Books and Bonbons: A Hint of Wicked by Jennifer Haymore

By SMW Staff

Sophie, the Duchess of Calton, has finally moved on. After seven years mourning the loss of her husband, Garrett, at Waterloo, she has married his best friend and heir, Tristan. Sophie gives herself to him body and soul. . . until the day Garrett returns from the Continent, demanding his title, his lands—and his wife.


Now Sophie must choose between her first love and her new love, knowing that no matter what, her choice will destroy one of the men she adores. Will it be Garrett, her childhood sweetheart, whose loss nearly destroyed her once already? Or will it be Tristan, beloved friend turned lover, who supported her through the last, dark years and introduced her to a passion she had never known? As her two husbands battle for her heart, Sophie finds herself immersed in a dangerous game—where the stakes are not only love . . . but life and death.

Chapter One London, April 1823

Sophie slowed her chestnut mare to a walk. Beside her, tall and handsome in the saddle of his dapple gray, Tristan mimicked her command, and their horses fell in step side by side. Holding the reins in one hand, Sophie flattened her gloved palm against her mount’s warm neck and took a deep, refreshing breath of the crisp morning air. The tree-lined track was quiet and serene this morning, likely due to the impending foul weather. The atmosphere was cool and heavy with the promise of rain, so she and Tristan had left home early hoping for a brisk outing before the heavens opened. A heavy frost glistened on the branches. Drops coalesced beneath the budding leaves and slipped to the ground, shimmering like tiny diamonds.

She slid a glance at Tristan, smiling at the way the dampness made his satiny black hair curl beneath the rim of his hat. “Are you ready for tonight?”

It was to be their first dinner party in London since they’d arrived in February for the opening of Parliament.

Their first dinner party as husband and wife. They’d wed last July, but they’d spent the short nine months of their married life in the relative quiet of Calton House in Yorkshire. Tonight was to be the first of many parties to come—in a few weeks’ time, Garrett’s young sister would be joining them for her first London Season.

Tristan gave Sophie a cocky, boyish grin that reached all the way to his sparkling chocolate-colored eyes.

“I’m more than ready for tonight. What about you?”

She urged her horse into a gallop, and before he could respond, she threw a smile over her shoulder. “Of course I am,” she called back.

Tristan’s eyes narrowed, and he flicked the reins. Giddy with the prospect of a little competition, Sophie turned forward, tightened her knee around the pommel, and leaned close to the horse’s sleek neck, whispering encouragement for more speed.

Hooves churned the earth, splattering wet clumps of dirt in their wake. Cold wind whipped through Sophie’s hair as she crouched low, the rhythm of the gallop singing through her body. The skirts of her riding habit whipped against the mare’s flanks, and she squealed in glee. They were winning.

She saw the patch of ice a moment too late. The horse slid on the white surface, her legs thrashing with the effort to stay upright. Sophie struggled to stay balanced. She hauled backward on the reins to keep the mare’s head up, but the poor animal’s body flailed beneath her. They were going down. The horse was going to fall on her.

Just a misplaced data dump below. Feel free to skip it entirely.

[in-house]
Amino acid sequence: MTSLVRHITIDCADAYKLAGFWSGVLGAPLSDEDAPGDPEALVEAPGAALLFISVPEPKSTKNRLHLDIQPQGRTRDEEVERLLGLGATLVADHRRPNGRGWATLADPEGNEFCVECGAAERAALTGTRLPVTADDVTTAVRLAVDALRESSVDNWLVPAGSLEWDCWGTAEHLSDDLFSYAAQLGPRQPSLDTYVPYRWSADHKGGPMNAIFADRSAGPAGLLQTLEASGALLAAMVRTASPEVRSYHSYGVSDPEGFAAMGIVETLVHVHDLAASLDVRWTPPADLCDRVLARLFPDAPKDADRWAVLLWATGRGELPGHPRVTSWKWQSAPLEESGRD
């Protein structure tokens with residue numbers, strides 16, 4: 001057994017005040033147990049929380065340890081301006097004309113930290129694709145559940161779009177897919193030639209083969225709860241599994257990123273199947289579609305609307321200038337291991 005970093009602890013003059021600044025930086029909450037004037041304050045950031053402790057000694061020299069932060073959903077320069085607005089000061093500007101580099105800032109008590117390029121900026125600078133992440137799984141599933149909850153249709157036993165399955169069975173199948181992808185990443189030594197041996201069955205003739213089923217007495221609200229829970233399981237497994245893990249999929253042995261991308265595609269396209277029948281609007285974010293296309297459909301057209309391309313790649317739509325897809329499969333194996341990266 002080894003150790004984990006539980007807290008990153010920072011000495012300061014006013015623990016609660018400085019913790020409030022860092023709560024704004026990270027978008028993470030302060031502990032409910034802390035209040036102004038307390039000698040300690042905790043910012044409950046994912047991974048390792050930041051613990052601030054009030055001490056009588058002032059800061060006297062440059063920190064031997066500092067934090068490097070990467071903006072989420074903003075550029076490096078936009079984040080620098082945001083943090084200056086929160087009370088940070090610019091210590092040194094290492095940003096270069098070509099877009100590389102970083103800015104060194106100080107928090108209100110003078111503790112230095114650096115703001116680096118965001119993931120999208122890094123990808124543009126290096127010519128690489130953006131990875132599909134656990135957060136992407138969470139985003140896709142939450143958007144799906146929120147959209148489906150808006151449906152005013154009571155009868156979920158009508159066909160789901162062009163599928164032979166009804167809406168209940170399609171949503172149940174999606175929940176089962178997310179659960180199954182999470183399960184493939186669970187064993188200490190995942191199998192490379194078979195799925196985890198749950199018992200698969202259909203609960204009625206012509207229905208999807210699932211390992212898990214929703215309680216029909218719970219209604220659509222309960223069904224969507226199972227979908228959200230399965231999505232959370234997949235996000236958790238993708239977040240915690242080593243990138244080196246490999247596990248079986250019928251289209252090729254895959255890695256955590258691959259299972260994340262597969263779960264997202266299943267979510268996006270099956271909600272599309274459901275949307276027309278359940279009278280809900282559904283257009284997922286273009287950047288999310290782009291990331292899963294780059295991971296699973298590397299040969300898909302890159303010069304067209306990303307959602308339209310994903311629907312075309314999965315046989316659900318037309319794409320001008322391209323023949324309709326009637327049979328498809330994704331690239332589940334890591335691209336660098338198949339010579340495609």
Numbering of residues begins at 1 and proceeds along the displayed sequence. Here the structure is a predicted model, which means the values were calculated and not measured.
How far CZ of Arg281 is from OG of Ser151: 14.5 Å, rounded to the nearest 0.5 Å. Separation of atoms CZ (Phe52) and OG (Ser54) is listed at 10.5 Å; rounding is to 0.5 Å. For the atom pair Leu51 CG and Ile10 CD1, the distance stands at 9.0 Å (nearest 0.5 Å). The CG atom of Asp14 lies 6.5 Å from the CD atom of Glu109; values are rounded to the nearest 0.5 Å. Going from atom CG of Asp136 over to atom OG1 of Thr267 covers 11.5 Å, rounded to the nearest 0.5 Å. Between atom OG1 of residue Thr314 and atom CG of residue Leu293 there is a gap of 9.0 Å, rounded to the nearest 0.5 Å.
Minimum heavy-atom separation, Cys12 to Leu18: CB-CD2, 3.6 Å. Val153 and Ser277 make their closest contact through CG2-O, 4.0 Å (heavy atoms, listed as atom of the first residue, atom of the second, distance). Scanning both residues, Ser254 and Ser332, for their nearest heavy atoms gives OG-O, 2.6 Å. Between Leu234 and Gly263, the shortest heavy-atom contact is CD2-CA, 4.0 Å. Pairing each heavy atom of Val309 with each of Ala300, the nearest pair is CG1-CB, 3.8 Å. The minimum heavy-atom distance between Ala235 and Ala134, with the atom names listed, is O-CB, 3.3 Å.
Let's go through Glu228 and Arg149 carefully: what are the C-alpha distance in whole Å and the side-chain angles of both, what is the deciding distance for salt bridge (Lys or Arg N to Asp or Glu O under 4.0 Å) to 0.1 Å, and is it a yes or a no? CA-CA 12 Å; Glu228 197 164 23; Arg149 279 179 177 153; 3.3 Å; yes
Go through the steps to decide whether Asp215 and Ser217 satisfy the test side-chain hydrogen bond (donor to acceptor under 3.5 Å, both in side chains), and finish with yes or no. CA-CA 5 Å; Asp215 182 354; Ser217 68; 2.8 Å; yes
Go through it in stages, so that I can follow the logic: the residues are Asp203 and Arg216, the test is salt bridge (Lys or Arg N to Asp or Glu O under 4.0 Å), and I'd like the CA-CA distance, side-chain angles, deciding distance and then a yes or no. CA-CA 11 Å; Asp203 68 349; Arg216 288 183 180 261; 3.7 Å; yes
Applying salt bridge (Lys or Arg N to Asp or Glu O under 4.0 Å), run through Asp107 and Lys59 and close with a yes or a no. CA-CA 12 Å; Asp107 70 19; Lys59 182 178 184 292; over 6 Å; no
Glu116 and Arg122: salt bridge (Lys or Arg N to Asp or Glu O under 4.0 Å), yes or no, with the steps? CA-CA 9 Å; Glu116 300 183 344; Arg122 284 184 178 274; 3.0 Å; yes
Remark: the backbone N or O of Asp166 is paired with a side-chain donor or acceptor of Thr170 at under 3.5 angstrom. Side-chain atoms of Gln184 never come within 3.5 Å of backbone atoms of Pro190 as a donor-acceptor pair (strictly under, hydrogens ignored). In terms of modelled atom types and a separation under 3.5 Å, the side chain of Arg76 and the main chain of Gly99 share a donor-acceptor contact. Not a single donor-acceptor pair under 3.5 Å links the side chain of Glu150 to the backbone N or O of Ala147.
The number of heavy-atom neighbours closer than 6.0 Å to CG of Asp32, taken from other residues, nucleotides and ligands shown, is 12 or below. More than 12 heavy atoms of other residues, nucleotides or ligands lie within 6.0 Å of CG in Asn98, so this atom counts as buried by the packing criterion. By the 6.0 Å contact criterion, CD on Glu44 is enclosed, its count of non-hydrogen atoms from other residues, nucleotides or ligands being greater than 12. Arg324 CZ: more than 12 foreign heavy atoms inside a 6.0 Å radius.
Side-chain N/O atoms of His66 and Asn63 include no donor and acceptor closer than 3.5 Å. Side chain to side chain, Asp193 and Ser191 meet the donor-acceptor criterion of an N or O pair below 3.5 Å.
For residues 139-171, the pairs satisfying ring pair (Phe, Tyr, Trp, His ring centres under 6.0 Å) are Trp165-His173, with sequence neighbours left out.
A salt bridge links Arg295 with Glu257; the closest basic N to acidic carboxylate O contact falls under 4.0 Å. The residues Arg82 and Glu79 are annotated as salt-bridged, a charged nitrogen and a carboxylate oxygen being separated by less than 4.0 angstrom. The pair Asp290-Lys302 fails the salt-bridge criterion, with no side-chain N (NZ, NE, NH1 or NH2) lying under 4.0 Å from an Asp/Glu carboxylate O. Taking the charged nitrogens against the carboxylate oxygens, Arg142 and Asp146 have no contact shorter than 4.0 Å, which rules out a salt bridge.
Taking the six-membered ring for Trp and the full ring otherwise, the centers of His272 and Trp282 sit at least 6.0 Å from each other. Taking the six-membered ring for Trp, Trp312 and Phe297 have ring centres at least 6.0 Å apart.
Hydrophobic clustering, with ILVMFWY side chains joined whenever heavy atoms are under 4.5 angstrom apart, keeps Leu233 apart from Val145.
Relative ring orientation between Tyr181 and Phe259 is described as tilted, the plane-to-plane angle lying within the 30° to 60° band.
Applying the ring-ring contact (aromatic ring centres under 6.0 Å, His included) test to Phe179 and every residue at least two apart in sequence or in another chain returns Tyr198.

Sophie wrenched her right leg from the sidesaddle pommel and kicked her left foot free of the stirrup. She launched herself from the horse just as the animal’s legs buckled.

Sophie slammed to the ground in a puddle of icy water. The jolt speared pain from her hip through her body. With a thud that seemed to shake the earth, the horse hit the ground, her girth missing Sophie’s legs by mere inches.

Sweet relief coursed through her, only to be replaced by renewed panic as the struggling mare scrambled for footing and jerked Sophie through soft mud toward her kicking legs.

Oh, no. Oh, Lord. The train of her riding habit had caught on one of the pommels.

As the mare heaved her body upright, Sophie grabbed handfuls of dark wool and yanked on her skirts with all her might.

The fabric came free with a screeching tear just as the horse found her feet, a flailing hoof pummeling Sophie on the thigh.

She lay there in the frigid puddle, stunned, straining for air, her skirts tangled around her legs and heavy with mud. Her leg throbbed. Her lungs had closed. She couldn’t breathe.
Tristan came to a sliding stop on his knees in the mud beside her. He gathered her into his arms, combing the hair out of her face with his fingers. She dimly registered that she must’ve lost her hat.

“Sophie! Are you all right? Are you all right, love?”

Her lungs opened slightly and she gasped in a deep breath. “Yes. I—I think so.”

Tristan’s dark eyes glimmered. His body was like steel, strong all around her, but the slightest tremble in his movements betrayed his fear.

Clutching her husband’s arms and taking great gulps of air, Sophie assessed herself. Her thigh throbbed, but she could move her leg, so it was probably only badly bruised. She was wet, bogged down with water and muck. It was quite embarrassing, really. “I-I’m all right, Tristan.”